In my years at Juilliard, the voice and speech faculty (Robert, Edith Skinner, and Elizabeth Smith) was great and formidable. It was an invaluable lesson to me, a new teacher, that such top-level and highly individualistic master teachers and personalities could also be so cooperative, supportive, and nonproprietary with no compromise of their standards. A true man of the theater, Robert made general comments to actors that were succinct and right on. “Take off the gardening gloves.” “Your Edmund was fine, but he wasn’t dangerous enough.” “It needs balls.” Over the years, I have encountered many Juilliard actors, including the late great Robin Williams, who say he was their single greatest teacher, one whose work lives with them every time they step onto a stage or in front of a camera. He was unique, unforgettable, and irreplaceable.
Tim Monich (faculty 1975-87)
Robert was the embodiment of elegance and practical knowledge. I would visit his class and say “I’ve come to learn something.” And he would say “You’ll be bored.” I never was! I was in awe of his ability to stay current with new theater. I miss his coat and tie in a world of sweatpants, and his pithy remarks summing up the students’ progress. I miss seeing his hands on an actor’s shoulders to encourage low and full breathing. I miss his playfulness with melody in storytelling, his signature exercises in range, his passion for chocolate, and his beautiful thank-you notes. There are so many things we must continue to bring to the students that he offered them. While he was here, I could say “I need a little more Robert Neff” and the actor’s performance would improve in the moment. I am grateful and humbled that I worked with him.
Wendy Waterman (faculty 2000-present)
I had the great privilege of knowing Robert Neff Williams as my teacher, mentor, colleague, and office mate. In all of those contexts, I learned many of the same lessons from him: embrace precision; eschew verbosity; maintain a clear and direct relationship with students and colleagues; focus on the work; cut to the chase; and never abandon your sense of humor. Always meticulously attired in coat and tie, he taught those lessons as much by example as through instruction. A man of rigorously high standards and encyclopedic knowledge, his passion for the theater was infectious and it lives on in all of us who were fortunate enough to have known him.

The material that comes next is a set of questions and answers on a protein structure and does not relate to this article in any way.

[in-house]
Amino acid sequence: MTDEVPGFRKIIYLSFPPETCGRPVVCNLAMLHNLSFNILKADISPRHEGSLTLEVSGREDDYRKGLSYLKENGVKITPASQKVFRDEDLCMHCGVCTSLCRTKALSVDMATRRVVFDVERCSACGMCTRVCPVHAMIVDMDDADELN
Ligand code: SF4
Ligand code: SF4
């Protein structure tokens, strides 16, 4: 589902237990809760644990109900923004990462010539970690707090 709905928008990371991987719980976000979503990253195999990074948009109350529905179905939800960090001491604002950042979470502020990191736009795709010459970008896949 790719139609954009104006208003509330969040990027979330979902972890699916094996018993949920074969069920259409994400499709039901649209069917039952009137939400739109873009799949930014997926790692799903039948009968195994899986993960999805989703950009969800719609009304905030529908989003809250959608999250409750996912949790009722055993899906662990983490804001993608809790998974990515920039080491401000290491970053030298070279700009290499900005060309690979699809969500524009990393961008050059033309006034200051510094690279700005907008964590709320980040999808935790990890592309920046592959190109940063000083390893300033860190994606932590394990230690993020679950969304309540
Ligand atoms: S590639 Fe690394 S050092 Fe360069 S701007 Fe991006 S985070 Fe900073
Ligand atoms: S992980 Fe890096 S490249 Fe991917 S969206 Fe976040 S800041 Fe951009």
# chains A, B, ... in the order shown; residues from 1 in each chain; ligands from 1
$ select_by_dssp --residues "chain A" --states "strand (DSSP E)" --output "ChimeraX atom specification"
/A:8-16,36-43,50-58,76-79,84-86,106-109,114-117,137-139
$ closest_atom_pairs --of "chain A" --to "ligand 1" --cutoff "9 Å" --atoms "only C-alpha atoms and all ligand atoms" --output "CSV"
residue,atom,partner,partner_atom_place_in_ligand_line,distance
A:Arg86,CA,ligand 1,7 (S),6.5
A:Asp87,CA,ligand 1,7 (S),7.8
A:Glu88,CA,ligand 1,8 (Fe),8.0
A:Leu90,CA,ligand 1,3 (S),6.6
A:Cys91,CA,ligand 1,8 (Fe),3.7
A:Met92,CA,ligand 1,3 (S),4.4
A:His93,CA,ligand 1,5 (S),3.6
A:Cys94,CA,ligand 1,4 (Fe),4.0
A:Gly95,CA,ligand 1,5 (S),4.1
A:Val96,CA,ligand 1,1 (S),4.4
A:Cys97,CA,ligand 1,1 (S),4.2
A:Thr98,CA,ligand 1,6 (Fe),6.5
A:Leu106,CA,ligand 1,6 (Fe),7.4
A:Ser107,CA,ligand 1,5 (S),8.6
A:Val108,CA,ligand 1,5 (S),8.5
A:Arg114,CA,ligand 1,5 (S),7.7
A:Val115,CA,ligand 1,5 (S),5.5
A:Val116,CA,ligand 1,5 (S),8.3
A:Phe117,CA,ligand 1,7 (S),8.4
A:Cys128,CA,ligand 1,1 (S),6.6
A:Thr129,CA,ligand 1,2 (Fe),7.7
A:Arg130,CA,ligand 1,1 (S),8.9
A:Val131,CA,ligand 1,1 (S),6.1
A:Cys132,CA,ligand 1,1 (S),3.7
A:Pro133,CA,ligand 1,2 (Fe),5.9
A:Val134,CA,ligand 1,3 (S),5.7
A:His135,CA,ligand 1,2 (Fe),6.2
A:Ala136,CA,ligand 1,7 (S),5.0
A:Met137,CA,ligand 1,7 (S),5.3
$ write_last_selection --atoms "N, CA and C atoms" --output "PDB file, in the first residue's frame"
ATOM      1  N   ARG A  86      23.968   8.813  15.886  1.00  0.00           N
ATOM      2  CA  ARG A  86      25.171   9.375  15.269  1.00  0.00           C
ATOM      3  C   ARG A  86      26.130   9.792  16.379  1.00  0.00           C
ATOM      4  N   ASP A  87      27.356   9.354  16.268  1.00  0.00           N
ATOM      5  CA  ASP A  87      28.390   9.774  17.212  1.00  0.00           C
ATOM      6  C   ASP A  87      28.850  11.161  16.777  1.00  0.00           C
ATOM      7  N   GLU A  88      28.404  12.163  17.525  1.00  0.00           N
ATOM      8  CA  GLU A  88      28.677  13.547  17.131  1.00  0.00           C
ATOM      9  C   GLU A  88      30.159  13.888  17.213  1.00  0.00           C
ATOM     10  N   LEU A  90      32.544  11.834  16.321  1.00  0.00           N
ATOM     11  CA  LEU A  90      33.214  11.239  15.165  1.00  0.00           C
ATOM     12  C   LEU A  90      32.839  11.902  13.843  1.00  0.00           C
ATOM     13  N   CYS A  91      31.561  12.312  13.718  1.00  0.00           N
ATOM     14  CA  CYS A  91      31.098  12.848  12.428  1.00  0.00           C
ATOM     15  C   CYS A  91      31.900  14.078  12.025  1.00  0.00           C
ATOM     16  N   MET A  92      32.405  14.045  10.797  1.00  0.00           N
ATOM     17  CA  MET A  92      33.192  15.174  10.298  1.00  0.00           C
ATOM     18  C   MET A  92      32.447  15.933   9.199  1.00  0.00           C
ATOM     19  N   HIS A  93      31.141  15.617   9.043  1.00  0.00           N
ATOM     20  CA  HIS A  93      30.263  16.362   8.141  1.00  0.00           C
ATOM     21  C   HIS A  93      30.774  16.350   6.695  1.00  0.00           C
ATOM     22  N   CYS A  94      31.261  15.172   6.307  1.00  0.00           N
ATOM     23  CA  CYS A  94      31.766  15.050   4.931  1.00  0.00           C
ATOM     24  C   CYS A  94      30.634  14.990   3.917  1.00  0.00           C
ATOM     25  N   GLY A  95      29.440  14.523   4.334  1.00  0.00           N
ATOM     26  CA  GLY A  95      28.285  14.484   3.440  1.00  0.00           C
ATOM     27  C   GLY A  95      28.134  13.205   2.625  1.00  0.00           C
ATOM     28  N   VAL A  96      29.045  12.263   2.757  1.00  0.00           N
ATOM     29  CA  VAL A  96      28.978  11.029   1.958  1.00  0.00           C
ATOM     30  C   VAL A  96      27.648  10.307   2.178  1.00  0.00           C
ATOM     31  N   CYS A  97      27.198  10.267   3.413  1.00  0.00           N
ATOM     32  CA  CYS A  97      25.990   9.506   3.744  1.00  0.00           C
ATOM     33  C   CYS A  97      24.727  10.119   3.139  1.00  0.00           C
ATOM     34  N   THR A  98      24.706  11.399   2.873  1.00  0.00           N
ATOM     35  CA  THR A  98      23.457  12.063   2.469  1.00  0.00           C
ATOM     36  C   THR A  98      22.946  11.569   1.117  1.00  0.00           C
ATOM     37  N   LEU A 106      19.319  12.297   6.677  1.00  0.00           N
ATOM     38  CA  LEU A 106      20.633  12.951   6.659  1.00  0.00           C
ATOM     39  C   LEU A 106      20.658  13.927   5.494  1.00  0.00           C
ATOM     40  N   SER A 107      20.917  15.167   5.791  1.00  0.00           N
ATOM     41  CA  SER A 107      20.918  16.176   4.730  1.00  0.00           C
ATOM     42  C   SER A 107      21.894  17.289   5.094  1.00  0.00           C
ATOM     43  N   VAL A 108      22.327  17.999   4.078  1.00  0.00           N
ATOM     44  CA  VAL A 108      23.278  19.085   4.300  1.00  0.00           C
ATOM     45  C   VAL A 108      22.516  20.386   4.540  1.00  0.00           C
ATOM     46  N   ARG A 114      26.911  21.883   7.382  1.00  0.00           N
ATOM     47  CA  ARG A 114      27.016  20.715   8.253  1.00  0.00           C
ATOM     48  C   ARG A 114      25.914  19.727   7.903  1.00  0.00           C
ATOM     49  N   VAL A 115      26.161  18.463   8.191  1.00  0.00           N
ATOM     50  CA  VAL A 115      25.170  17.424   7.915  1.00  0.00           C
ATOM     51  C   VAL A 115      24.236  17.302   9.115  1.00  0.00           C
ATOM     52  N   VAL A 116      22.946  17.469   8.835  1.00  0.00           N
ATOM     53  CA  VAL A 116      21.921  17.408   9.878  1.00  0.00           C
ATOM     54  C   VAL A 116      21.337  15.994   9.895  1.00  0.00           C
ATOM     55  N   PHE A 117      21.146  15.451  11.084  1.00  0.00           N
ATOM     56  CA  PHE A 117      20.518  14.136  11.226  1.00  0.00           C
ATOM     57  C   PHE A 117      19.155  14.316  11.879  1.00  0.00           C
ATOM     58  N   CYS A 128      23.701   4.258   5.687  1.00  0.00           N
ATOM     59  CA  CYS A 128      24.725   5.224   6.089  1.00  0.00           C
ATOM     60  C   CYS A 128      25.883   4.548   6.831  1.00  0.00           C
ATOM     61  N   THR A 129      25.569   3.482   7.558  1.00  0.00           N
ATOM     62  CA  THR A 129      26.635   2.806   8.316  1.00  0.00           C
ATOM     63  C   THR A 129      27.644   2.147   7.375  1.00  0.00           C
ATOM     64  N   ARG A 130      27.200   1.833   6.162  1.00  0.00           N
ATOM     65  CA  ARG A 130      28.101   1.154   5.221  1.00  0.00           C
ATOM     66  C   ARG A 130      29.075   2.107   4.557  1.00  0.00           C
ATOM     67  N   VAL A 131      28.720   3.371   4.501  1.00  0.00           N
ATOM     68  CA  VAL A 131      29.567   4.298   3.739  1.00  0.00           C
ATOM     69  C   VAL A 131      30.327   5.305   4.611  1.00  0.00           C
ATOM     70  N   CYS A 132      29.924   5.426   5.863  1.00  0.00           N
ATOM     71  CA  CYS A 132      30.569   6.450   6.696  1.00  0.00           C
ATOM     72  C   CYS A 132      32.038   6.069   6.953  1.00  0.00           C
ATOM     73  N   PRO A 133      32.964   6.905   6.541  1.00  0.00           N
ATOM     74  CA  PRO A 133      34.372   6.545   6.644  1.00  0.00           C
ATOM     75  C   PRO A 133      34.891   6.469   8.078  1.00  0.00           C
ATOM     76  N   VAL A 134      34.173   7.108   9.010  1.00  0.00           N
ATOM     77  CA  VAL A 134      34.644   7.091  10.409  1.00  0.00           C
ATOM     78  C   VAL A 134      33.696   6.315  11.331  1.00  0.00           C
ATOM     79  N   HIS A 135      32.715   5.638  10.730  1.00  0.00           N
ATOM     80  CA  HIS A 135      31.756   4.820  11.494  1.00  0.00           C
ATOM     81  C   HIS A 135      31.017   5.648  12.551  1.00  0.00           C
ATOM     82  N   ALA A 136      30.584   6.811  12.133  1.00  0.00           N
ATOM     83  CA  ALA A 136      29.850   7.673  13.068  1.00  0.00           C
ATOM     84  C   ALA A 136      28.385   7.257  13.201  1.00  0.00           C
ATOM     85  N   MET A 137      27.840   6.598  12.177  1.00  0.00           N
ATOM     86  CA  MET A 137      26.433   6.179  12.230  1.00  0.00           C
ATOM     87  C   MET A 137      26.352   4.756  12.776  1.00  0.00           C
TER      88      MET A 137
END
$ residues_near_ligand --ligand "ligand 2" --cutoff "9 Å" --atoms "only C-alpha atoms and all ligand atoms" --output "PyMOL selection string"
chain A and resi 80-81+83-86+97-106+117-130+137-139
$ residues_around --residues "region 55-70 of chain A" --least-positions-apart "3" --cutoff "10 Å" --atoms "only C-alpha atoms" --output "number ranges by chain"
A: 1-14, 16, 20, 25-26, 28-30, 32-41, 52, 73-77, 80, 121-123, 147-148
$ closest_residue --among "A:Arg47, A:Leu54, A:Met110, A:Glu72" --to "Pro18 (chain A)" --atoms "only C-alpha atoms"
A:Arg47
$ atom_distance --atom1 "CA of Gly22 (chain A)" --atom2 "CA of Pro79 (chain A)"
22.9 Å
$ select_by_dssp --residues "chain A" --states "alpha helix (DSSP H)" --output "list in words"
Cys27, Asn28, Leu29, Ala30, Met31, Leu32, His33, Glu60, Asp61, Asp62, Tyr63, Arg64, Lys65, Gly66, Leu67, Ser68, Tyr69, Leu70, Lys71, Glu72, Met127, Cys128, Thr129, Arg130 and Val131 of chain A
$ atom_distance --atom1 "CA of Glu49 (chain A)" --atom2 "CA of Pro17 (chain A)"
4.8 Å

Ralph Zito (Group 14; faculty 1992-2010)
I only have two regrets: not having seen Michael Jordan play basketball live and not having studied with Robert Neff Williams. I am, however, forever grateful that he asked me to teach at Juilliard. At first his tweed-clad self was intimidating, yet finding out he was from South Dakota made him seem more approachable. He was a sartorial model: always elegant, but most of all, fun. Bantering with him over the evolution of powerful and beautiful speech for the theater made me investigate my own work with more depth. His breadth of theater knowledge was bigger than most of us can imagine, and he set a high bar for learning how to be a complete artist.
Deborah Hecht (faculty 1990-93, 2010-present)